Friday, October 23, 2009

The Cradle of Democracy

Of all the east coast cities we planned to visit we were possibly most excited for Washington DC. Not only had we heard of all of the free attractions (i.e. museums, monuments, government buildings) but we also had friends from back home to catch up with. As soon as we arrived in town we headed to Staci’s house; though we wondered if we would actually make it there - the neighborhood seemed a little rough. Much to our chagrin, when we knocked on the door Staci answered with a big smile. We wanted to give her a hug but having not showered for several days, thought it might be best if the gesture was withheld. We stepped into the beautifully decorated house that felt like an Oasis in a desert. In minutes we had met Staci’s delightful roommates, Enchanta and JJ. With some fabulous conversation under our belts, Staci offered to take us on a night tour of the “the Mall” (the lawn near the Capitol Building where many of the monuments are located). We happily obliged and soon found ourselves strolling by the Washington Monument, Lincoln, and WWII memorials.

The following morning Clancy and I set out to see the Library of Congress, Capitol Building, and Smithsonian Air and Space Museum. Contradicting world maps dating back to 1507 and 1516 grabbed our attention at the Library of Congress as well as the massive and gorgeous “reading room.” Our fabulous tour of the inside of the Capitol revealed such sights as the “rotunda” (the breathtaking underside of the dome that the aliens blew to pieces in Independence Day the movie), and statues galore depicting famous historical figures ranging from George Washington to Ronald Reagan. The real pleasure of the day however, came in the form of the Air and Space museum. Featuring world renown aeronautical exhibits such as the original (restored) 1903 Wright Flyer, Charles Lindbergh's spirit of St. Louis, Apollo command center, lunar landers, and Chuck Yeager’s X-11, the museum captivated our attention for hours on end. It turned out to be an educational but exhausting day!

In the AM we launched back into the city, this time with our tour guides Staci and JJ. We hit up the White House first thing (no, we weren’t able to spot Obama or pet the first dog) and proceeded directly onward to the nearby Vietnam Memorial. The wall is a memorial that most all Americans have heard about and for good reason - seeing the sheer number of names in person is a moving experience. Afterward, we switched back into museum mode and checked out the Museum of American History. The Smithsonians in DC are spectacular; not only are they free, they feature exhibits of the highest caliber! Wanting to treat our eyeballs to yet more candy, we meandered through the sculpture garden and walked by Ford Theater where president Lincoln was shot. Again spent for the day, we headed home to relax. That’s where the Twister mat came into play. Some alcohol might have been consumed and several games later there may have been some hysterical laughter - let’s just say that we can’t post all of the pictures on the blog.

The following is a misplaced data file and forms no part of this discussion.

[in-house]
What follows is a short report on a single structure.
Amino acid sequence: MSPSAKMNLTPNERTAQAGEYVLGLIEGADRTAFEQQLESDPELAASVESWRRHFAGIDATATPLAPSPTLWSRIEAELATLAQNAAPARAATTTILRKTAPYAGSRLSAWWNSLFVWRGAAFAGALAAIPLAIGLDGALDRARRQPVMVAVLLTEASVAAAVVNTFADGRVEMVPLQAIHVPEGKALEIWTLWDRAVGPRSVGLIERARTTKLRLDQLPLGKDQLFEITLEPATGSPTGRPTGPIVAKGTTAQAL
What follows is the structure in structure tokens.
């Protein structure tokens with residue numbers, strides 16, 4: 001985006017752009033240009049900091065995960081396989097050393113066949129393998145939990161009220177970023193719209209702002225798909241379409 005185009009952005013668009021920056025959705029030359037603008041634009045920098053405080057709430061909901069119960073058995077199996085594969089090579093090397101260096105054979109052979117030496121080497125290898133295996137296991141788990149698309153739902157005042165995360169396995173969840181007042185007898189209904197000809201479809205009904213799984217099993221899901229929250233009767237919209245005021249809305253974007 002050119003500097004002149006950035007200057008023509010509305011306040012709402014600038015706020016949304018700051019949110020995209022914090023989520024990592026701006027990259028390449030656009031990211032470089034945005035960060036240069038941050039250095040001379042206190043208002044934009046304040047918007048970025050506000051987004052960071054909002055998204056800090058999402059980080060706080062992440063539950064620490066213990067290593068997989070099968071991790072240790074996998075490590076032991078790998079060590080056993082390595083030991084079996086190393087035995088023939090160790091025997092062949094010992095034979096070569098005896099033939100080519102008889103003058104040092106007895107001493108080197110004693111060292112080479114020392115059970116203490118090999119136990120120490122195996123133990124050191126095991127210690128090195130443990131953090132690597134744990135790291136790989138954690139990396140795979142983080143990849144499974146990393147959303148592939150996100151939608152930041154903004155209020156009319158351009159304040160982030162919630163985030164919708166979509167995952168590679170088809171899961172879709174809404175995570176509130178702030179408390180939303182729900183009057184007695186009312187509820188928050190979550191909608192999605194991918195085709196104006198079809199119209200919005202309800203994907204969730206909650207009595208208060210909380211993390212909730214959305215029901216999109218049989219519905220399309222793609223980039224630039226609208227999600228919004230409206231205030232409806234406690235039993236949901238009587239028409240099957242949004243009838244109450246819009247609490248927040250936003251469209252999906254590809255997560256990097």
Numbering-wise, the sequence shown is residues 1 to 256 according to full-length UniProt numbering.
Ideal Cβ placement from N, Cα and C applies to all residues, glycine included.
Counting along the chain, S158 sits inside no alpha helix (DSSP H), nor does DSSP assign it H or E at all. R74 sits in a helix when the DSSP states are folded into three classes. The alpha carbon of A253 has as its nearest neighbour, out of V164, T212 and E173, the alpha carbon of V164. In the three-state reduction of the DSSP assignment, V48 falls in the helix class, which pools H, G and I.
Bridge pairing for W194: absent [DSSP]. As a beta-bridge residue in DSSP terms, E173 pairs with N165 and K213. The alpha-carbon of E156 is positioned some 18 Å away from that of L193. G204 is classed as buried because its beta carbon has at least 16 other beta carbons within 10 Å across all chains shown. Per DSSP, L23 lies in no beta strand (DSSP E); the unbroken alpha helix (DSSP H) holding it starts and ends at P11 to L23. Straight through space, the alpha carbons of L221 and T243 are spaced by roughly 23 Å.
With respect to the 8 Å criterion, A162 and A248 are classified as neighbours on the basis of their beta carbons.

The following day we awoke (this time not so early) with the intent to meet up with our friend Perry and his new family at the Museum of Natural History. Clancy, Staci and myself hopped on the bus and headed for the museum. When we did meet up with Perry and the clan we were thrilled - his wife Megan and son Parker were absolutely delightful. There was something really magical about witnessing grown up Perry turned dad. We oogled the Hope Diamond (a whopping 45 carats), the world’s largest crystal ball, dinosaur bones, and a fascinating exhibit on ants. The picture here is a mold of an actual ant colony - the casting substance is simply poured into the earth then excavated. Incredible. By this time Parker was due for a nap so we said our goodbyes to Perry and fam and continued on to scope out some final monuments. We got a second (daytime) view of the Lincoln Memorial, checked out the Korean War Memorial, walked through the FDR Memorial, and marveled at the Jefferson Monument. Pictures of all these sights can be found in our DC photo gallery - probably worth a look. Frankly, the amount of things to do and see in Washington were completely overwhelming, seemingly more so than any previous city. You could spend a full year here and still feel like there were things to explore. We joked that we had been struck with a mild case of post traumatic stress disorder from museum fatigue. Unfortunately, the real misfortune would come the next morning. It was then that we bid farewell to Staci, JJ, and Enchanta. Saying goodbye to our new DC family was sad indeed - we were soon to find ourselves home-away-from-home sick.

On the way out of town we scoped out Arlington Cemetery just across the Potomac River in Virginia. The JFK grave site and the Tomb of the Unknown Soldier were sights to behold. An armed guard patrols the soldier’s tomb 24 hours a day, rain or shine. We stayed put to witness a changing of the guard ceremony (occurs every half hour). The whole procession was an incredible way to honor our fallen service men and women. Sadly, over twenty soldiers are buried in the cemetery every day. Before our departure we walked over to the famous Iwo Jima statue, erected in honor of fallen Marines. Goodbye DC - we’ll miss you.

1 comment:

  1. What a great time was had in DC with our friend. Thank you!!!